NEW YORK (CBSNewYork) — A health emergency involving several sick passengers on a plane arriving at John F. Kennedy International Airport has raised important questions about what you can and should do in such a case.

When it comes to sick passengers, what are airlines’ protocols? Perhaps more importantly, what are your rights as a passenger? CBS2’s Alice Gainer spoke a pair of experts to find out the best ways to proceed on a plane if you suspect other passengers are sick.

In a statement, Emirates Airlines said all passengers on Flight 203 were screened by local health authorities prior to disembarking. Three passengers and seven crew members were transferred to Jamaica Hospital in Queens for further care, and nine underwent additional medical screening at a site near the plane before eventually being released.

Dr. Robert Amler is a former chief medical officer at the Centers for Disease Control and Prevention. He says Wednesday’s incident sounds like a standard procedure.

“This is a well rehearsed scenario,” he told CBS2.

While tests are being done to determine what illness people who experienced coughing and fever have, there were a total of 521 people on board the flight.

So when can the other seemingly healthy people be considered in the clear?

“Typically that will be a matter of days for a respiratory infection,” Dr. Amler said. “Usually not a very long period, but depending on the circumstances they might be concerned about longer incubation periods in which case they would let them know.”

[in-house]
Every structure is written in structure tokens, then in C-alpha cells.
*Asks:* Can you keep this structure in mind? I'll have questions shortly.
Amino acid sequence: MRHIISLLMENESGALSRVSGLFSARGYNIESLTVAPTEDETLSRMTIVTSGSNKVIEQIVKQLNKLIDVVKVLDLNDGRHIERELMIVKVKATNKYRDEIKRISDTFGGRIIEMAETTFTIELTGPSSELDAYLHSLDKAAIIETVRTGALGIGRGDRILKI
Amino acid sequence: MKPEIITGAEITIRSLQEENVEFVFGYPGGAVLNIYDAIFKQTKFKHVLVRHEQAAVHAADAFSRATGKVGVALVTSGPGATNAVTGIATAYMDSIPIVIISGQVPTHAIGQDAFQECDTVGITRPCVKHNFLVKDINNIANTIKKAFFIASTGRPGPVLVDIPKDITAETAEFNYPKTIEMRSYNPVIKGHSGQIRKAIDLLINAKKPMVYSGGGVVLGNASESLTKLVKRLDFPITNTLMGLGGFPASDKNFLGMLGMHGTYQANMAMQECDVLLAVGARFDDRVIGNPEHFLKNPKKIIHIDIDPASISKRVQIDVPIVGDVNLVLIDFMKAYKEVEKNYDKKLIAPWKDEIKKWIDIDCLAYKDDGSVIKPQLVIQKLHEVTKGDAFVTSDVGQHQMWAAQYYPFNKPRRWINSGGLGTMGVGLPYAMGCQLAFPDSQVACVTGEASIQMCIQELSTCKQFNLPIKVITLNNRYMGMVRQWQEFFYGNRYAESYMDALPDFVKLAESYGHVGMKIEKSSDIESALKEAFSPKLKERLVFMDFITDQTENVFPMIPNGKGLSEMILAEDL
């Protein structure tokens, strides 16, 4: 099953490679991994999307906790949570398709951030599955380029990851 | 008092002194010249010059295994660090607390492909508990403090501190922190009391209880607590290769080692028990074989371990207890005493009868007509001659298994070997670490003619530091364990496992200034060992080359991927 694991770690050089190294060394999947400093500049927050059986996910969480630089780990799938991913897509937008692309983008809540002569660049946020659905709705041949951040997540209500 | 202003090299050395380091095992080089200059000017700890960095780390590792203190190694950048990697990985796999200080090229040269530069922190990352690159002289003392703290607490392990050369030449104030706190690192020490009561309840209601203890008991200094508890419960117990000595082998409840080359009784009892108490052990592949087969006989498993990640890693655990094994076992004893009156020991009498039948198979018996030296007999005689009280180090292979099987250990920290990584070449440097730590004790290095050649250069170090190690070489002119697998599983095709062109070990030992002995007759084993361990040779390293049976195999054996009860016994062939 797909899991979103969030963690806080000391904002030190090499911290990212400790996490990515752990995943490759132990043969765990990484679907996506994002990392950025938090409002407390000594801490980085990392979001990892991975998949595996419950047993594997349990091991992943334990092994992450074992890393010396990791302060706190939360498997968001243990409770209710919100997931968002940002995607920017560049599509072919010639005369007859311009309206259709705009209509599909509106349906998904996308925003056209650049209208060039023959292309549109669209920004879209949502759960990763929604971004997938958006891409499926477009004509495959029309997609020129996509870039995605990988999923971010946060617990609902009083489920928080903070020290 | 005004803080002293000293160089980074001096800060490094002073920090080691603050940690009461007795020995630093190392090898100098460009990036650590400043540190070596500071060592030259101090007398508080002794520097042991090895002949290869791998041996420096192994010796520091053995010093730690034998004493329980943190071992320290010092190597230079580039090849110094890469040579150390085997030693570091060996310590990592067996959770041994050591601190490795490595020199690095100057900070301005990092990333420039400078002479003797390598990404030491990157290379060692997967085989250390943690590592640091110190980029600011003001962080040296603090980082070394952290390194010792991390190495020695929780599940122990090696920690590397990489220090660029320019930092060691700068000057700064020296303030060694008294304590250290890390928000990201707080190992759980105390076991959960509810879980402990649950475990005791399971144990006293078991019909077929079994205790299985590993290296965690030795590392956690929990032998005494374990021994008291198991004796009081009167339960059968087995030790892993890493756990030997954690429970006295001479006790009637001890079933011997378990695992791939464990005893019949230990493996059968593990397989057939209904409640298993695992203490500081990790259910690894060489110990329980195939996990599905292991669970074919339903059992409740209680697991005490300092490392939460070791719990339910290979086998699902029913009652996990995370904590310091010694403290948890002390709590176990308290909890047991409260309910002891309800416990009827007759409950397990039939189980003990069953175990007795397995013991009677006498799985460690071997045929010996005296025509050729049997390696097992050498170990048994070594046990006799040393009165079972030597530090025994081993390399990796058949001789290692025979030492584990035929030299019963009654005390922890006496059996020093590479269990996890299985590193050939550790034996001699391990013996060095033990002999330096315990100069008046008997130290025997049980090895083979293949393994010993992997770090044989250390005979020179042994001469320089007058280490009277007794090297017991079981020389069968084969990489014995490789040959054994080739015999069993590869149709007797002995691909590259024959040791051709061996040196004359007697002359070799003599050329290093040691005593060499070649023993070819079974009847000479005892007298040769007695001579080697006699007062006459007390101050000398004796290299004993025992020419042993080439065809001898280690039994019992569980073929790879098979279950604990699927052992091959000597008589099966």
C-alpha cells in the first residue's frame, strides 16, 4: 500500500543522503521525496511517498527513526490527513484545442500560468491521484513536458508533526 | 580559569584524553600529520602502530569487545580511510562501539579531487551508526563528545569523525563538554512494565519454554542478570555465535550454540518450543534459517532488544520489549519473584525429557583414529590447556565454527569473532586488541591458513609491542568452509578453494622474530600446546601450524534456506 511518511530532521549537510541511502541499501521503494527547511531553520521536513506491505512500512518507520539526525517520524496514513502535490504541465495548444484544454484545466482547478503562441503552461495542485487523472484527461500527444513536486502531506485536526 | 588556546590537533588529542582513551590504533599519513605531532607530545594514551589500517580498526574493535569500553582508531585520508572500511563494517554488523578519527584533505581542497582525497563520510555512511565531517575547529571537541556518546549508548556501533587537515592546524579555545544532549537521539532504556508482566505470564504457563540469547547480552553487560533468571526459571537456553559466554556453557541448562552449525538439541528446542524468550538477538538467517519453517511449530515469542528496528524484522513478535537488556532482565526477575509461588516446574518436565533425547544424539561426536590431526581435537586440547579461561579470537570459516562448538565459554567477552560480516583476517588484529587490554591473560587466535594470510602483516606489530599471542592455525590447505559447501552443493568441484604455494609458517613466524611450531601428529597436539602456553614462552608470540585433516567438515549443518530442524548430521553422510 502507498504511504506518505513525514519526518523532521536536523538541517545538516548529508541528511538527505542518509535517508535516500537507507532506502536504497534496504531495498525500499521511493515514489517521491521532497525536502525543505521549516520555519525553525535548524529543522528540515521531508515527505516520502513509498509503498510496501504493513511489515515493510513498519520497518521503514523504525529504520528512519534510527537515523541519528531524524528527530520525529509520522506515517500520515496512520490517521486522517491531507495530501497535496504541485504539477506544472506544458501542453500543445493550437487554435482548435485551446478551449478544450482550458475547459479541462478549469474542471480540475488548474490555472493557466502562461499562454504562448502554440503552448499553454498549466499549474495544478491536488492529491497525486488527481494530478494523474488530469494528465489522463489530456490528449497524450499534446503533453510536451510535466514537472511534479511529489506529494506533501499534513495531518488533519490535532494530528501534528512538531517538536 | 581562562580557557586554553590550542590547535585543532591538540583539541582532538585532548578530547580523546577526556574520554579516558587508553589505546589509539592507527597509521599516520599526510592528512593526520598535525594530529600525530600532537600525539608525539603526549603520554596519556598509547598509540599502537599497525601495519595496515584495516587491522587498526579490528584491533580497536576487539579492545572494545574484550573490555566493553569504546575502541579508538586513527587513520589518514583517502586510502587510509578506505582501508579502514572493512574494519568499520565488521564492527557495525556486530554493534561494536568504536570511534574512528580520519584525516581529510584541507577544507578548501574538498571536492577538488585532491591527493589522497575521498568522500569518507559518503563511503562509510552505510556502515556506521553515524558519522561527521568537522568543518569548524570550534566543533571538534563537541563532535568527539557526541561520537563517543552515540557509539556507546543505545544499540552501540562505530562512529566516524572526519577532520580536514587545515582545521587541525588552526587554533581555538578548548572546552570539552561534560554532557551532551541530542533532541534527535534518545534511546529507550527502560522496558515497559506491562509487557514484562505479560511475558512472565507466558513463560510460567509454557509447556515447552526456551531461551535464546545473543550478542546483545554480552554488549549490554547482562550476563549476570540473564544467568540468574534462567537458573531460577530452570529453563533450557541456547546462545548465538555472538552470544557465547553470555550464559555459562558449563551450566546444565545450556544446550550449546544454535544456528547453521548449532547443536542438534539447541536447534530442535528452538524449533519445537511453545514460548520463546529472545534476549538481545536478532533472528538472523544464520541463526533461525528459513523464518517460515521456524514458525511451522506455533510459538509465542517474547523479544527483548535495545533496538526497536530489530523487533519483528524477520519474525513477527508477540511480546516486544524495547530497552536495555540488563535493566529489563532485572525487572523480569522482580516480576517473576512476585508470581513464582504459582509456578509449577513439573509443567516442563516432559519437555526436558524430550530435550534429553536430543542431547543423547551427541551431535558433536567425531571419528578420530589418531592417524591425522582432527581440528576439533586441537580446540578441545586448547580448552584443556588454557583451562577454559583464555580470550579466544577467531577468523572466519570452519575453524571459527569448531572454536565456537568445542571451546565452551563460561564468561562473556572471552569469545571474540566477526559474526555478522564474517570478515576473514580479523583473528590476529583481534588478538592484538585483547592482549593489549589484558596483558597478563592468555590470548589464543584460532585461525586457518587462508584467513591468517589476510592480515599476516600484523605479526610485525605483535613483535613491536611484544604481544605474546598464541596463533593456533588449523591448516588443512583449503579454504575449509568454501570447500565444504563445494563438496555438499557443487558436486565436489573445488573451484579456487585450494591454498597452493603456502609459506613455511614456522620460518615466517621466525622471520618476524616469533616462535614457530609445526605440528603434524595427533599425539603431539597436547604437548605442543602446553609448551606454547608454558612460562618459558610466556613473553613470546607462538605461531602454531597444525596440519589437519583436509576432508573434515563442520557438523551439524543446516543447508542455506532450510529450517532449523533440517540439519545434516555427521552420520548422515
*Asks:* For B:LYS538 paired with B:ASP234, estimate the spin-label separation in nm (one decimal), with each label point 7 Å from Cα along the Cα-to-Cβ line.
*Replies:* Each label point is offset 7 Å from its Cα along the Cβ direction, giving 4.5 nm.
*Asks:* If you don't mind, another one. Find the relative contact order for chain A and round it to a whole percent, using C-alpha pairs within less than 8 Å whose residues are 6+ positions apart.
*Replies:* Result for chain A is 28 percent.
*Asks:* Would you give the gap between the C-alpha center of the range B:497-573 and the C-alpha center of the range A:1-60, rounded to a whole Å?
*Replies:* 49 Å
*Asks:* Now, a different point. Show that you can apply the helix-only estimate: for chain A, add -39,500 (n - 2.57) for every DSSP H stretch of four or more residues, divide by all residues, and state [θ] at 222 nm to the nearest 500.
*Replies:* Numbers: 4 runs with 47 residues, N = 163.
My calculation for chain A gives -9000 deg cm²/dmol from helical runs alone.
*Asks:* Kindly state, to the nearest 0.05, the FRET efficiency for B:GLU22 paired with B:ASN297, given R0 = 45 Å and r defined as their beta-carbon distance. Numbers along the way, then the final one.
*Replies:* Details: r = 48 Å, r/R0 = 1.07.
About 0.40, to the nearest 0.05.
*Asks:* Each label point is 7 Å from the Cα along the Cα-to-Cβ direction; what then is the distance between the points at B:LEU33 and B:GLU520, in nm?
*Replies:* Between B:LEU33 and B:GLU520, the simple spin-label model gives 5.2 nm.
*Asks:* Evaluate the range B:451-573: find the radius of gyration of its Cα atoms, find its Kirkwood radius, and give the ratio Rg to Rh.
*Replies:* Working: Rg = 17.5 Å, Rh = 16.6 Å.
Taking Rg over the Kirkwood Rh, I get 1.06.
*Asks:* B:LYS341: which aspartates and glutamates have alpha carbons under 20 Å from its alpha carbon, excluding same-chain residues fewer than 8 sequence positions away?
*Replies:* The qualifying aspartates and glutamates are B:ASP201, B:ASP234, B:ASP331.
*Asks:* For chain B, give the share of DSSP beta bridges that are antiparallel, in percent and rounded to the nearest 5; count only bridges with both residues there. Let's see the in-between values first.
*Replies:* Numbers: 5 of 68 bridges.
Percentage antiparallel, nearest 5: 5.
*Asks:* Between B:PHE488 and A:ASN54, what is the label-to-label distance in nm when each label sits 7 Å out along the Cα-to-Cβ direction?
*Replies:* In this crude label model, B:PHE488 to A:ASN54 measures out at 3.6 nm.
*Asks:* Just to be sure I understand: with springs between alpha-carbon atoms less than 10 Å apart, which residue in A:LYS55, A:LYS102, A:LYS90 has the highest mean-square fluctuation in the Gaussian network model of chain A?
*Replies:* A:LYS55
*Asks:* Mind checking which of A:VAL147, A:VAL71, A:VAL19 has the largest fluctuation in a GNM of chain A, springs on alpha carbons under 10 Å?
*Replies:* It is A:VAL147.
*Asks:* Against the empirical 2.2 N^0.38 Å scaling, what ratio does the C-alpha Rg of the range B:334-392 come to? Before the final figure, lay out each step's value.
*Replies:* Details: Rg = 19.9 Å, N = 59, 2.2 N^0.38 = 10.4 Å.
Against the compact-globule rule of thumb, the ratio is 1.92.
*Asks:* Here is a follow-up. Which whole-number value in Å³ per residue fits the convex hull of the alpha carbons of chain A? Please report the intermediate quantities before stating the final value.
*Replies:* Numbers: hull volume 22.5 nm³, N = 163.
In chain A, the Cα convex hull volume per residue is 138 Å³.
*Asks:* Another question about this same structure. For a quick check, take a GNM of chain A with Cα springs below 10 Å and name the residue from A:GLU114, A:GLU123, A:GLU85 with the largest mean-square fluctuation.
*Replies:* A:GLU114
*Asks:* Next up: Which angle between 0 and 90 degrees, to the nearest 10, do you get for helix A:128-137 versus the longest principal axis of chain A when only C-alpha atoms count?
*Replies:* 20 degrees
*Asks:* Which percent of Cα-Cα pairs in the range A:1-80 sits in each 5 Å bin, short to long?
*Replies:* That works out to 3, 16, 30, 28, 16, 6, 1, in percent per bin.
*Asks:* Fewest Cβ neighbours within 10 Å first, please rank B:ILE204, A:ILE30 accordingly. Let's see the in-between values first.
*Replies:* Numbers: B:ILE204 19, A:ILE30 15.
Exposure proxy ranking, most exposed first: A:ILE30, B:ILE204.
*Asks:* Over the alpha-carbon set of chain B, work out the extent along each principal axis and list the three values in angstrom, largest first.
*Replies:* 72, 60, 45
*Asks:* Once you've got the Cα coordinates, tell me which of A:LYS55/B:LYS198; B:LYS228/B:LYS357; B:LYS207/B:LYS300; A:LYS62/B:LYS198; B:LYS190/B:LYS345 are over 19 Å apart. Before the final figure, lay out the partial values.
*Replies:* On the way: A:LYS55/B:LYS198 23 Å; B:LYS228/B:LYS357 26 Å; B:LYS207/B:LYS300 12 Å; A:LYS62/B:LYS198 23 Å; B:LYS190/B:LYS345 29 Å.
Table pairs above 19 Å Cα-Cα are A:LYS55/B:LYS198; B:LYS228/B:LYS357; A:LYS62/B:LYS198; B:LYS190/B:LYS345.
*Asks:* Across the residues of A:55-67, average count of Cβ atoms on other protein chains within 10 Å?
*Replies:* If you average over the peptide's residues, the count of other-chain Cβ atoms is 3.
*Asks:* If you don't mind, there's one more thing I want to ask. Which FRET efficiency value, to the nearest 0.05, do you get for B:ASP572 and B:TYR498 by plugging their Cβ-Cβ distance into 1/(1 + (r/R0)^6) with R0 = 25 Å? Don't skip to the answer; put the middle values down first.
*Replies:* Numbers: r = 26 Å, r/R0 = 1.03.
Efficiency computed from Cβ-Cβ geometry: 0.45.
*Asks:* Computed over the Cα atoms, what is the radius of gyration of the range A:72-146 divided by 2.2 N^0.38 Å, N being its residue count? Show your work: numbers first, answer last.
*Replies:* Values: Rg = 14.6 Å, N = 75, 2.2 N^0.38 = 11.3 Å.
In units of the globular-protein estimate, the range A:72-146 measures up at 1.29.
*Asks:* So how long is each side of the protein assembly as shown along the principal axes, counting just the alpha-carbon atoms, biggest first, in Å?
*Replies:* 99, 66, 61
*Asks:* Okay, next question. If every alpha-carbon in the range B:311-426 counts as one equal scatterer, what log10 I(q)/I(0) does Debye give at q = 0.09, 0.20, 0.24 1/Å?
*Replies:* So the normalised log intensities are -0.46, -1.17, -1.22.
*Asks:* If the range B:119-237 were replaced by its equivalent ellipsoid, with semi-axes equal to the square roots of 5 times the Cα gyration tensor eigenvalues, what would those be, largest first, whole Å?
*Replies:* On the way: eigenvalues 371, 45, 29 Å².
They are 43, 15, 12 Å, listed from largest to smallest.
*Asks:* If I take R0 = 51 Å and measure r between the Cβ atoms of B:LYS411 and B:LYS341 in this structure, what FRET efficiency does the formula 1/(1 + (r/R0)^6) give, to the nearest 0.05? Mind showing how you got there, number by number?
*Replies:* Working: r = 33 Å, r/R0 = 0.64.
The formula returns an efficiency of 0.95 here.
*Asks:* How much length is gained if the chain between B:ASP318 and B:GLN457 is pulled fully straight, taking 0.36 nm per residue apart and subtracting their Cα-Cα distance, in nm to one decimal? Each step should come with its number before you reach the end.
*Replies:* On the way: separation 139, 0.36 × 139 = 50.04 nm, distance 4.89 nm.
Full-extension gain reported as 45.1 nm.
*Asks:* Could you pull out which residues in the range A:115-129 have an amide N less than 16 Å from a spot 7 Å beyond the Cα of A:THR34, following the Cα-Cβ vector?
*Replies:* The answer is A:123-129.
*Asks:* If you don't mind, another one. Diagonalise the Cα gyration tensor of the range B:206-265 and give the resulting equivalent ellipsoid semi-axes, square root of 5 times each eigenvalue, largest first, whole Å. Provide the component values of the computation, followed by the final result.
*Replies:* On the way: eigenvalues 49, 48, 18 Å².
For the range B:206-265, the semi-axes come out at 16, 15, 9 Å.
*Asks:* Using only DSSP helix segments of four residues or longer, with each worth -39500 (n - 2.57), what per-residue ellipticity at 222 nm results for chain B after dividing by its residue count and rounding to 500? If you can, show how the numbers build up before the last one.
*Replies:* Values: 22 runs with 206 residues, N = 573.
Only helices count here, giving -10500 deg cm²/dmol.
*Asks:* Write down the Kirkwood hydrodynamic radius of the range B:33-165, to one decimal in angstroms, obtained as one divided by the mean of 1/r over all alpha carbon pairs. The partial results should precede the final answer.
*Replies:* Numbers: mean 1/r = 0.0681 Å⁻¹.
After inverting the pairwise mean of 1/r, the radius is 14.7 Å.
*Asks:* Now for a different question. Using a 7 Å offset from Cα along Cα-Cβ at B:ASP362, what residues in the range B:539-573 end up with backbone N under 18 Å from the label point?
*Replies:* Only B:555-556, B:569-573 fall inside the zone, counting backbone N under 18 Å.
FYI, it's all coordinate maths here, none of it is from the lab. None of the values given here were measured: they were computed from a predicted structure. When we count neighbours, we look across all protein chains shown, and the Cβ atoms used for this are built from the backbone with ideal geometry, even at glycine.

Dr. Amler adds those released should have also been given follow-up instructions on what to look out for. Some passengers on the plain complained they weren’t given masks, but Dr. Amler says if they’re not worn properly they won’t help anyway.

In any case, long flights provide a long time for a passenger to be exposed to any sort of infection. Legally speaking, aviation attorney Erin Applebaum says “it would be unreasonable to ask an airline to provide a mask for over 500 passengers simply because one passenger suspects one person may be ill.”

Applebaum adds that as a passenger, you have a right to alert the airline if you see someone who looks sick.

“As a passenger,  you’re never obligated to get on a plane and you shouldn’t do something if it makes you feel unsafe, but the airline has no obligation to reimburse you for your ticket,” she said.

Dr. Amler says when you’re in that kind of enclosed space, there really isn’t much you can do to avoid other people. Applebaum adds there are three things they look for if a passenger becomes sick because another passenger had a communicable disease:

  • Did the airline know the passenger was sick when they boarded?
  • If not, should they have known and did they canvass the passengers properly as they boarded?
  • If a passenger was sick midair, did the airline take the proper steps to address the problem when the plane landed?

In any event, the far reaching effect of Wednesday’s incident remain to be seen.


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